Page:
Published: May 26, 2021 | Comments
Each month MetricNet highlights one Key Performance Indicator for the contact center. We define the KPI, provide recent benchmarking data for the metric, and discuss key correlations and cause-and-effect relationships for the metric. The purpose of this column is to familiarize you with the Key Performance Indicators that really matter to your organization, and to provide you with actionable insight on how to leverage these KPIs to improve your performance.
This Month’s Metric: Customer Satisfaction
Customer Satisfaction is the percentage of customers that are either satisfied or very satisfied with the quality of a given interaction. For this reason, it is called a transactional metric because it measures the quality of a given transaction with the contact center. Although there are numerous quality metrics for the contact center – including call quality, customer effort, and net promoter score – customer satisfaction remains the single most important measure of quality.
Cost vs. Quality
Any discussion of customer satisfaction must take place in the context of cost. Customer satisfaction and cost per contact are the yin and yang of a contact center. These metrics are in constant tension, and every contact center grapples with how to strike an appropriate balance between the two. With no restraints on spending, it is relatively easy for a contact center to “spend its way” to high customer satisfaction. Conversely, if customer satisfaction is not an issue, a contact center can reduce its costs almost indefinitely.
Every contact center does, of course, operate with both spending limitations and quality standards. The objective, therefore, is to achieve the highest possible quality within the budgetary constraints placed on an organization. Some contact centers that operate under severe budgetary restrictions are doing quite well when they achieve a 75% customer satisfaction score. By contrast, a contact center with a relatively generous budget that achieves an 85% customer satisfaction score may not be doing so well, despite having a higher absolute customer satisfaction score. The point is that cost matters, and customer satisfaction must be interpreted in light of the spending constraints that a contact center operates under.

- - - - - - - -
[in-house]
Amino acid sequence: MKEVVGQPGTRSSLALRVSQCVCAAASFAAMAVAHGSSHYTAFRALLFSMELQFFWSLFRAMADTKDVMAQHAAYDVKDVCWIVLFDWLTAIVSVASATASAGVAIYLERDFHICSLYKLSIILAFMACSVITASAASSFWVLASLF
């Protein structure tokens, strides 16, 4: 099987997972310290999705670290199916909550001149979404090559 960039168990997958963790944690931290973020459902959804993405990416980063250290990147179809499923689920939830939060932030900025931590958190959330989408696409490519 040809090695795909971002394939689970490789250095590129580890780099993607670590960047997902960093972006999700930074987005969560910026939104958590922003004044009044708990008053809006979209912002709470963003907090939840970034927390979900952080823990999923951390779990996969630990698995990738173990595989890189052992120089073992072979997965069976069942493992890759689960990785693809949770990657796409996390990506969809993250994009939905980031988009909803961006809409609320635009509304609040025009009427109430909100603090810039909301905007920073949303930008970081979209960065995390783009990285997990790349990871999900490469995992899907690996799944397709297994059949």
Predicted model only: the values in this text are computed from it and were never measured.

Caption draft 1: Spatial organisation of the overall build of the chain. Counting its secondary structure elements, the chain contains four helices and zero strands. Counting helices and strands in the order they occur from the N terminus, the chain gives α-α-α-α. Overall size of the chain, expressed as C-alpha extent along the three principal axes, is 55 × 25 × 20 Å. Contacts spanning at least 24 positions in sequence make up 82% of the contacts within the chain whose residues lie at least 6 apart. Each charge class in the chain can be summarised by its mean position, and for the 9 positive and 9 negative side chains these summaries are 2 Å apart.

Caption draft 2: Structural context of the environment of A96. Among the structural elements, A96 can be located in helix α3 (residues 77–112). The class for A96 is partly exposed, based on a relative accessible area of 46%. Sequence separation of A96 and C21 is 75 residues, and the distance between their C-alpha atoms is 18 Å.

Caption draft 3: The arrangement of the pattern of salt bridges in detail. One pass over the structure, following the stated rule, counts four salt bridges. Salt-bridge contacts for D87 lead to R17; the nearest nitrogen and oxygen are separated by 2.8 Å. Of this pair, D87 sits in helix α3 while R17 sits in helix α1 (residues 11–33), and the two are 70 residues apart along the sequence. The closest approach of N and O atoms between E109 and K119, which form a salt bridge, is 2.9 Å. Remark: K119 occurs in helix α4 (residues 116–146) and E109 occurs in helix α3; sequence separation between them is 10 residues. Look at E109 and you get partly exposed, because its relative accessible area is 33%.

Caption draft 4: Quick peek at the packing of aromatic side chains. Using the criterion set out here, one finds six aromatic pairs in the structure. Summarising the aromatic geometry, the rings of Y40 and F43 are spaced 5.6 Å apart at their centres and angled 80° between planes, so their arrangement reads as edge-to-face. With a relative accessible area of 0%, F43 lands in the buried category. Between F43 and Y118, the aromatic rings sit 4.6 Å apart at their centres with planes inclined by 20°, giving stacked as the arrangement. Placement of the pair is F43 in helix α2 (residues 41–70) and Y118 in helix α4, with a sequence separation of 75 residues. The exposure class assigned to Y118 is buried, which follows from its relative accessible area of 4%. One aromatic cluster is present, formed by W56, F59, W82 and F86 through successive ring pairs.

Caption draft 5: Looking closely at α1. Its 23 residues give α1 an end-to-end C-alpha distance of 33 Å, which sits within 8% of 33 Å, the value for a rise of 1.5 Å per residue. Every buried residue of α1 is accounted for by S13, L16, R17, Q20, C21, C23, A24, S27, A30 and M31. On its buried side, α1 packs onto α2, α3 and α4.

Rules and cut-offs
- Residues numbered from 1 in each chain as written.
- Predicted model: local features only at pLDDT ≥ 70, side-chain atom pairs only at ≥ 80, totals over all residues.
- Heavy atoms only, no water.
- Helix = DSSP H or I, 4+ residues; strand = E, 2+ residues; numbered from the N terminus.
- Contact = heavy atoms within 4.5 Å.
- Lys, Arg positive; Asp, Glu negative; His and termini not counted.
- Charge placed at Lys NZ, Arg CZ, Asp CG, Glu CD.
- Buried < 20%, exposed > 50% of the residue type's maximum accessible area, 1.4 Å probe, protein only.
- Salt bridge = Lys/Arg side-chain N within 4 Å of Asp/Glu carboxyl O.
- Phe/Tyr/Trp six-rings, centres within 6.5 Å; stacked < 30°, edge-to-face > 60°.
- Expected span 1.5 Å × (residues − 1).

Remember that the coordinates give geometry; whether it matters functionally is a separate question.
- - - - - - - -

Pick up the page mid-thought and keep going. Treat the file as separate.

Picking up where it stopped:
Figure 1 below shows the relationship between customer satisfaction and cost per contact for a representative cross-section of global contact centers. The tradeoff between cost and quality is apparent, but at any given spending level the more effective support organizations are able to achieve higher levels of customer satisfaction.
Figure 1: Cost per Contact vs. Customer Satisfaction
Cost per contact and customer satisfaction are often referred to as the foundation metrics in customer service because everything boils down to these two metrics. This insight is both enlightening and liberating. Viewed through the twin lenses of “will it reduce cost” and “will it improve customer satisfaction,” management decisions are often greatly simplified by answering these two questions.
How It’s Measured
There are almost as many different ways to measure customer satisfaction as there are contact centers that track the metric. I have seen surveys that contain as few as one question, and surveys that contain as many as 40 questions. I have seen multiple choice, fill-in-the-blank, and interview style surveys. I have seen scoring systems that offer as few as two choices per question, and as many as twelve choices per question. The result is that customer satisfaction has the greatest variability of any metric in the contact center.
When you think about the number of different survey questions, survey types, scoring scales, and survey populations, it’s easy to understand why survey bias and invalid survey methodologies are so common in the industry. HDI’s Customer Satisfaction Index has addressed this shortcoming, and presents a valid, standardized approach to measuring customer satisfaction. Although it was developed specifically for technical support organizations, the survey and methodology are valid for contact centers as well.
Benchmark Data for Customer Satisfaction
Industry data from MetricNet’s global benchmarking database shows that the average customer satisfaction is 74.4%, but ranges widely, from a high of 98.6% to a low of 32.6%.
Figure 2: Industry Benchmarks for Customer Satisfaction
Drivers of Customer Satisfaction
The two biggest drivers of customer satisfaction are first contact resolution and agent job satisfaction, as illustrated in Figures 2 through 4, below. The implication is that the surest way to improve customer satisfaction is to increase both first contact resolution rate and agent job satisfaction.
Figure 3: KPI Cause-and-Effect Diagram
Figure 4: First Contact Resolution vs. Customer Satisfaction
Figure 5: Agent Job Satisfaction vs. Customer Satisfaction
Please join us for next month’s Metric of the Month: Agent Utilization, a contact center productivity metric that impacts cost per contact and many other KPIs.